A British court announced Tuesday it found infamous Islamist preacher Anjem Choudary guilty of supporting the Islamic State.
Choudary was convicted in London’s Old Bailey court of using online videos and messages to encourage his followers to support the terrorist group. Prosecutors accused him and his comrade Mizanur Rahman of pledging themselves to ISIS leader Abu Bakr al-Baghdadi and telling their followers to do the same.
“These men have stayed just within the law for many years, but there is no one within the counter terrorism world that has any doubts of the influence that they have had, the hate they have spread and the people that they have encouraged to join terrorist [organizations],” Dean Haydon, the head of the London police Counter Terrorism Command, told Reuters.
Choudary is a well-known figure in British tabloids and media, often acting as an apologist for terrorist groups and blaming the West for the deaths that resulted from attacks. He became particularly infamous after showering praise on the hijackers responsible for the attacks on September 11, 2001.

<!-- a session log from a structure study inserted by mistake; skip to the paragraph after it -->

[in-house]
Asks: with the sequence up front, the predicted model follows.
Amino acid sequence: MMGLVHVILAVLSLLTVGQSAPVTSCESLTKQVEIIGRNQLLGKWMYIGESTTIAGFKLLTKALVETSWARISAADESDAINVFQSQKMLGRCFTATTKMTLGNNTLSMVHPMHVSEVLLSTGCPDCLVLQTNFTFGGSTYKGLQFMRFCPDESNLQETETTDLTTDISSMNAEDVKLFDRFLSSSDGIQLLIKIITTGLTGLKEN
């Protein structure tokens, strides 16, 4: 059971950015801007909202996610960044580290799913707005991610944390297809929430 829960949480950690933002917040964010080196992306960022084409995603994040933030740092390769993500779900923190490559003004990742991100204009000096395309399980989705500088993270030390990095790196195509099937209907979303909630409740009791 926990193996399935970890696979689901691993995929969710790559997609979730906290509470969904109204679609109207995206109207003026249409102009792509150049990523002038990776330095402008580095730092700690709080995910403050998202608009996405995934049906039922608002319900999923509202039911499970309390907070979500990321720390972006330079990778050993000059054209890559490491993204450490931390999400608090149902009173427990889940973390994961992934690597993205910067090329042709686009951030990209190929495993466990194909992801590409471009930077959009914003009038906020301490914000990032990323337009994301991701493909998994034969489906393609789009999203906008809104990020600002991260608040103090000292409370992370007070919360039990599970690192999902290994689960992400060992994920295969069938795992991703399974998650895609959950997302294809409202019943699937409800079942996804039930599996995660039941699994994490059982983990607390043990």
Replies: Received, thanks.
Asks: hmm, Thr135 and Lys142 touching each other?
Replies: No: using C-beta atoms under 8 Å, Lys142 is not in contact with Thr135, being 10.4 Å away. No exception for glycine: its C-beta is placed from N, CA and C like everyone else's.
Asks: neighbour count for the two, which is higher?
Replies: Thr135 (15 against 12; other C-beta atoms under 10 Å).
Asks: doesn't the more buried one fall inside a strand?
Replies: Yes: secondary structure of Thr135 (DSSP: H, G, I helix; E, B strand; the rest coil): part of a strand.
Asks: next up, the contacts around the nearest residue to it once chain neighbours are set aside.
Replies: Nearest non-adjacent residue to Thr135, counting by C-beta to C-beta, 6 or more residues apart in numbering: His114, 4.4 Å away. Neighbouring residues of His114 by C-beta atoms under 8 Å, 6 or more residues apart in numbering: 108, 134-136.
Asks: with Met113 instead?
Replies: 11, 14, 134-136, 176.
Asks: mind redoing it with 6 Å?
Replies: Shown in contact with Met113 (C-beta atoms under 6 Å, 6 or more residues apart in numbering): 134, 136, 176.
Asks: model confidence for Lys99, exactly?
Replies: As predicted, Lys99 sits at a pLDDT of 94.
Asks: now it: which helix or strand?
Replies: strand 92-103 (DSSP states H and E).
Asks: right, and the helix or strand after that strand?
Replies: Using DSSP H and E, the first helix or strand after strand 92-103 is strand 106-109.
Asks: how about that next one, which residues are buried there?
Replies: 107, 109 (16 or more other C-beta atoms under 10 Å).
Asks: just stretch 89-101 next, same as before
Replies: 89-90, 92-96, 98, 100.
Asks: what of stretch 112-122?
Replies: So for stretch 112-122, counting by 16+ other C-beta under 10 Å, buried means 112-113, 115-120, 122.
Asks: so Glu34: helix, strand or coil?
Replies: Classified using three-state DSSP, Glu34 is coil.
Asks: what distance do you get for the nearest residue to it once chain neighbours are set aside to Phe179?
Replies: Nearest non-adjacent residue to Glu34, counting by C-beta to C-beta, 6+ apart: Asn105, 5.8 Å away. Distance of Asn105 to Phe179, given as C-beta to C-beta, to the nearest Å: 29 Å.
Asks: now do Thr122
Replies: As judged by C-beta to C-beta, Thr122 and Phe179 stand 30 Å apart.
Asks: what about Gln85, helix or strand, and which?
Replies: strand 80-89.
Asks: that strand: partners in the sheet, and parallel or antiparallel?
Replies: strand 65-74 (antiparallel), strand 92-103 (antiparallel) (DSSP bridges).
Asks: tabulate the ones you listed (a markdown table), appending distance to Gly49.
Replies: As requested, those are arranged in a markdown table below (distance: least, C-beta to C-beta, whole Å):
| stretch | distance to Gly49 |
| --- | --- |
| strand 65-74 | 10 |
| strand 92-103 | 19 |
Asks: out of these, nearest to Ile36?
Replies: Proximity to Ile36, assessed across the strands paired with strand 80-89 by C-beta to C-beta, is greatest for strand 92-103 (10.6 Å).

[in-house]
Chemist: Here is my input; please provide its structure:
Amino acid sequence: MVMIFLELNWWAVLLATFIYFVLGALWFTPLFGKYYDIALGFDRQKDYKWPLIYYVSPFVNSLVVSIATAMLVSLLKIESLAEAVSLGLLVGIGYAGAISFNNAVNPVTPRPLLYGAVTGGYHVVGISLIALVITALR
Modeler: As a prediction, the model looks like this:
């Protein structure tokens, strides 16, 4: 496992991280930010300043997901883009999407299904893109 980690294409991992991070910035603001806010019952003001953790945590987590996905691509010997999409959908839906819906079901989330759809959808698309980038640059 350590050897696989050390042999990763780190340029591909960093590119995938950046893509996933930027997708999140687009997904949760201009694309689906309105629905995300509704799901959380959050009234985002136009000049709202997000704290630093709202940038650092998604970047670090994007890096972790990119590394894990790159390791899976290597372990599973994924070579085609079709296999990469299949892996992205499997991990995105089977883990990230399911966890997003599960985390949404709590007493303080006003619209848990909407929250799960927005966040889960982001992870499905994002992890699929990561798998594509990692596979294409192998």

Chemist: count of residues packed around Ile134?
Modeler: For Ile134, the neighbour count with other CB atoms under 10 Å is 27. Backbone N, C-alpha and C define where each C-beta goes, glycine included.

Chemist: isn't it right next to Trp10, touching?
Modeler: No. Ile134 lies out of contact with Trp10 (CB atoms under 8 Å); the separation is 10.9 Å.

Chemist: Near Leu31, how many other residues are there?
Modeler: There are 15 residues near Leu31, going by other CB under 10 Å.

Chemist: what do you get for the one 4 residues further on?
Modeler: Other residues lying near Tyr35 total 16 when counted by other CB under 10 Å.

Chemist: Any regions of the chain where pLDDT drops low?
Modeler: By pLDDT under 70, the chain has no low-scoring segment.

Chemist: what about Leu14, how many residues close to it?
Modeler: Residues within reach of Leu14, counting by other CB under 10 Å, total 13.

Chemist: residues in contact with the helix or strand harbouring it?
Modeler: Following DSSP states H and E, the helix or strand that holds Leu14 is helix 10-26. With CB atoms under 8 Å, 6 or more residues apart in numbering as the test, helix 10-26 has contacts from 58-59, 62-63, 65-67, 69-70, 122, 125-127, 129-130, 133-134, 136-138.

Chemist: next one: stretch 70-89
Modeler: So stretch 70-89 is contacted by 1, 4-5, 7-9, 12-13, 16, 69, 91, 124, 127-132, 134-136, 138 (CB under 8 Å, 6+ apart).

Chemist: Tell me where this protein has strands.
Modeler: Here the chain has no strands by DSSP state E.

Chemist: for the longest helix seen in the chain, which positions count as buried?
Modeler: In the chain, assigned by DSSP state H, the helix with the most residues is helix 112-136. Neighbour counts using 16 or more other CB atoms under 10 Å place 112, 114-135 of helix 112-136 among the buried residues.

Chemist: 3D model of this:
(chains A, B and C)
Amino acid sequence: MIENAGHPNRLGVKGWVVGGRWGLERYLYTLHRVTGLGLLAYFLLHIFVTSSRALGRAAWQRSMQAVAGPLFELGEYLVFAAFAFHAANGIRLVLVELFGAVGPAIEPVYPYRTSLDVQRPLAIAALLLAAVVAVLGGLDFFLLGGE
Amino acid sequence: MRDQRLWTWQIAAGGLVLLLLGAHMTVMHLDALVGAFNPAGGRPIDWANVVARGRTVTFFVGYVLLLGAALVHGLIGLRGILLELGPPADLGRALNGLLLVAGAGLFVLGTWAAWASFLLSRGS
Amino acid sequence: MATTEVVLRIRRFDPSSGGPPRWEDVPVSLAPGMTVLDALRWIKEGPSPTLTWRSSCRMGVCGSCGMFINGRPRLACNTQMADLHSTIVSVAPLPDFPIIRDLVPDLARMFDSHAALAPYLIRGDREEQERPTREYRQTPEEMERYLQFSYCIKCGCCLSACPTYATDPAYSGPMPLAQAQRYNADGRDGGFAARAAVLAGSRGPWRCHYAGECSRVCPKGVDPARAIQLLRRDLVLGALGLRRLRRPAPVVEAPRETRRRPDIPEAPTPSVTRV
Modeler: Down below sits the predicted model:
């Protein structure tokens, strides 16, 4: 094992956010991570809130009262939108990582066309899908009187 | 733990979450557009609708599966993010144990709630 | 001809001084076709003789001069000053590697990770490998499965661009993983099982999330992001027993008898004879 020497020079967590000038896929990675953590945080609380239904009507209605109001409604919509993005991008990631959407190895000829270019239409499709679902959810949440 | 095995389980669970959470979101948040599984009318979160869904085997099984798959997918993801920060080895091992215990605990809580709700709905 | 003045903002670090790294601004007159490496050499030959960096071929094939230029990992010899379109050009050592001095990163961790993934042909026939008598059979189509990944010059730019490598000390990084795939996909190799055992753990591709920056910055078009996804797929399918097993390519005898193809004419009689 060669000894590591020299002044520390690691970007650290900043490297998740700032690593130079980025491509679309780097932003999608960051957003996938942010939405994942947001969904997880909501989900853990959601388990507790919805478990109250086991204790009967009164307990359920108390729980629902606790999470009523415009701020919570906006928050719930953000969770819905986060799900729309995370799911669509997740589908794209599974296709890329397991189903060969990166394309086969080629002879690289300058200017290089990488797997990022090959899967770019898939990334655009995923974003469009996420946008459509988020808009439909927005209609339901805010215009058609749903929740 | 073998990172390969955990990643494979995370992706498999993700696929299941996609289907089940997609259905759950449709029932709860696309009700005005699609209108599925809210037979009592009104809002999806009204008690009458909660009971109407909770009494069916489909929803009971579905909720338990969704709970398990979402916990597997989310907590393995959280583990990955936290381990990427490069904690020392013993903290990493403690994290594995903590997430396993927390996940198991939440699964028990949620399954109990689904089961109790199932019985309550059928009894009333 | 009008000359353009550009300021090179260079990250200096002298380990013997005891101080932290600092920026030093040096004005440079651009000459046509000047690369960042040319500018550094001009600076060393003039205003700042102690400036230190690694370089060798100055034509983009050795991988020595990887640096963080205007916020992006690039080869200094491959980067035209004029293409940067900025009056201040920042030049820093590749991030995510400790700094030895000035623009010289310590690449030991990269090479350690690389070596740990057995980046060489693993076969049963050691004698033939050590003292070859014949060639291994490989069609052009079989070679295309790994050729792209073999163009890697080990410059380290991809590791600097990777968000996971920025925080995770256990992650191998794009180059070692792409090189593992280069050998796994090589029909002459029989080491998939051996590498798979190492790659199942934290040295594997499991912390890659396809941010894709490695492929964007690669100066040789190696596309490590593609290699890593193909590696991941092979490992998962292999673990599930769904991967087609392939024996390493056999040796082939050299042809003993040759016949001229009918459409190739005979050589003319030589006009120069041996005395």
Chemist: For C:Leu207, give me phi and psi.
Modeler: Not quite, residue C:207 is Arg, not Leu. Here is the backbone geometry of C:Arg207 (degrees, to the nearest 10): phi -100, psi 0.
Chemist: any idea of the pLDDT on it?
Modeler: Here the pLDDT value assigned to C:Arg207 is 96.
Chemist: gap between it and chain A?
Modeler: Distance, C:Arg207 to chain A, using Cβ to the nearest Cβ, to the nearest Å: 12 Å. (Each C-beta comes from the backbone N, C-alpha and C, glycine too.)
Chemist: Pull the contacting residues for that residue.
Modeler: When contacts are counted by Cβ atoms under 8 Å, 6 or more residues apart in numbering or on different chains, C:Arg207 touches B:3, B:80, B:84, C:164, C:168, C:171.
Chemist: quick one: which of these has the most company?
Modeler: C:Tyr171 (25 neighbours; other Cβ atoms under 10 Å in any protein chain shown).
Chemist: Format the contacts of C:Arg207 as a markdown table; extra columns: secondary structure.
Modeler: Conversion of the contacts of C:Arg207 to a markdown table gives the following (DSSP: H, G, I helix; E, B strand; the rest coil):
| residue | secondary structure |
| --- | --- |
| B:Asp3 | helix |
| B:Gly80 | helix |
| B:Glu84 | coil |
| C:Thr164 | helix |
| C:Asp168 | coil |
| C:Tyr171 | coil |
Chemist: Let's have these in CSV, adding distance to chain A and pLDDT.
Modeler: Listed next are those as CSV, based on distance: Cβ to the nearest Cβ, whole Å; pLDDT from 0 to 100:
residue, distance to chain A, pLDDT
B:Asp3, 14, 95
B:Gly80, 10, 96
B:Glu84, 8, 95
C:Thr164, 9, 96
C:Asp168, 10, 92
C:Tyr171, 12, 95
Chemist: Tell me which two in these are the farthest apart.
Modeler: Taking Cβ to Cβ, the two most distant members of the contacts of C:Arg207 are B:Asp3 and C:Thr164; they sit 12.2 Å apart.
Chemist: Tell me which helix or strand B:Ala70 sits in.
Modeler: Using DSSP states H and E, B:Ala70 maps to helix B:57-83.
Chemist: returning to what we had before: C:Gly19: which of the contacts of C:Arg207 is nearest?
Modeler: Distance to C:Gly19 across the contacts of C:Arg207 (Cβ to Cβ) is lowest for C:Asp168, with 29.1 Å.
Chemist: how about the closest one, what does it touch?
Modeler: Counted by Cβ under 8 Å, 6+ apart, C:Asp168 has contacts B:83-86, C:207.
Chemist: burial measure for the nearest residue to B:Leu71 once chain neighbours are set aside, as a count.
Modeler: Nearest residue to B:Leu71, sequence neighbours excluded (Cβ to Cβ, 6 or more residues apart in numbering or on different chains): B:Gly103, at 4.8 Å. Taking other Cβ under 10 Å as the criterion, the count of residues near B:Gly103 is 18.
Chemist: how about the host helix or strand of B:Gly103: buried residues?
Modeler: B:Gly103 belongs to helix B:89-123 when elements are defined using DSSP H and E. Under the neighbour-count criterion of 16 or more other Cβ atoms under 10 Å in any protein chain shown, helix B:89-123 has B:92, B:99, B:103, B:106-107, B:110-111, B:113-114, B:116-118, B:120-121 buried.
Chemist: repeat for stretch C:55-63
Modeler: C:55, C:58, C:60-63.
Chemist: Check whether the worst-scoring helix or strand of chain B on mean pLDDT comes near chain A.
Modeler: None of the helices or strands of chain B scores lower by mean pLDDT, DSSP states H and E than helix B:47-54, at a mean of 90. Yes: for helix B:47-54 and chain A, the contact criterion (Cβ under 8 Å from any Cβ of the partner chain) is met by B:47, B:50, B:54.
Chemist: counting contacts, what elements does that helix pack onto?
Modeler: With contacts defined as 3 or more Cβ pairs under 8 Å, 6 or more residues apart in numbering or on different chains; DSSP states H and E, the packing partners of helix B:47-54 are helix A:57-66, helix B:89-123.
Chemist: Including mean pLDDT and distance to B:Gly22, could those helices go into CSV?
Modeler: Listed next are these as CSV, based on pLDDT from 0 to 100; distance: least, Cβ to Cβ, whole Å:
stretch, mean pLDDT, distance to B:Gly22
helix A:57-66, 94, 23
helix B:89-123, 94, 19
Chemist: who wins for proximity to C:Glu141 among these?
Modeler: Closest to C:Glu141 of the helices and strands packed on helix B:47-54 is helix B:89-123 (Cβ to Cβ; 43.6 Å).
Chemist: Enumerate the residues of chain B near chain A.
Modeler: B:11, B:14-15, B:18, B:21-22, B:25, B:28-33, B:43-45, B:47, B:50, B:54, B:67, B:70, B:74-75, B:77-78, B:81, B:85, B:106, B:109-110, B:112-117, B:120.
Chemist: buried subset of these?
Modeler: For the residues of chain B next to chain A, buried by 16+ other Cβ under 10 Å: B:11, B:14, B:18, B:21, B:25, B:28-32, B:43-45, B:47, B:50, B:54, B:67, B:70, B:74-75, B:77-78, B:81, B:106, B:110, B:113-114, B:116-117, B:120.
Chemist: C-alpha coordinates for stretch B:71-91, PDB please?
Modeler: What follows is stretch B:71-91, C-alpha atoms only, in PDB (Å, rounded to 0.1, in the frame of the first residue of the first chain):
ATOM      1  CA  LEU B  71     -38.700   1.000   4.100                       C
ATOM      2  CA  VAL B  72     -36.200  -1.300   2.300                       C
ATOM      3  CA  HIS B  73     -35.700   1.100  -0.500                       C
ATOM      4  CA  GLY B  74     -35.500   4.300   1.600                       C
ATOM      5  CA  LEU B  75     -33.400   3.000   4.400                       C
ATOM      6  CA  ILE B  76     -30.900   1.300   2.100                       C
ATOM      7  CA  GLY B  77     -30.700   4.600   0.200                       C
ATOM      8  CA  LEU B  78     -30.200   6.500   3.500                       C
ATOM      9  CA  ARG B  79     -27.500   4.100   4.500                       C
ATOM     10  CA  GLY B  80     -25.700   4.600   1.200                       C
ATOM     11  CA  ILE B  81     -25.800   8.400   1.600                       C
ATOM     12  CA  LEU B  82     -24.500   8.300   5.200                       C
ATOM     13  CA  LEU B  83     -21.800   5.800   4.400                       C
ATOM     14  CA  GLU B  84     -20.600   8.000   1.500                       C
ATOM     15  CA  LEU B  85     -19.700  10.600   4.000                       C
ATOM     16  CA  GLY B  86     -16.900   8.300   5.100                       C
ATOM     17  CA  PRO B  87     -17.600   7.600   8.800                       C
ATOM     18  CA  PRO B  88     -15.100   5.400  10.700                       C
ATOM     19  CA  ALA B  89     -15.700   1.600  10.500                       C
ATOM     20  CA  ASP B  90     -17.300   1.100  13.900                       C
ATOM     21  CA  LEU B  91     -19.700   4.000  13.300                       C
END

Choudary also reportedly said he wanted to turn Britain’s Buckingham Palace into a mosque. He is also the former leader of the now banned Islamist group al-Mouhajiroun, which called for an Islamic education system in the U.K. based on radical Islamic ideology.
Before turning to a life of radicalism, Choudary was known as a “party animal” and medical school drop-out. He would later switch to a career in law and eventually turned to a life of Islamic radicalism.
Despite his extreme flamboyant rhetoric, Choudary was able to avoid prosecution until now and denied involvement in militant activity. Al-Mouhajiroun has often been tied to terrorist activity since its founding in the 1990s.
Michael Adebolajo, one of the terrorists who hacked British soldier Lee Rigby to death in a London street, reportedly had ties to the organization. Police also suspect the group was involved in the the London bombings in 2005.
Choudary and Rahman will face sentencing for their crimes at the Old Bailey court on September 6.
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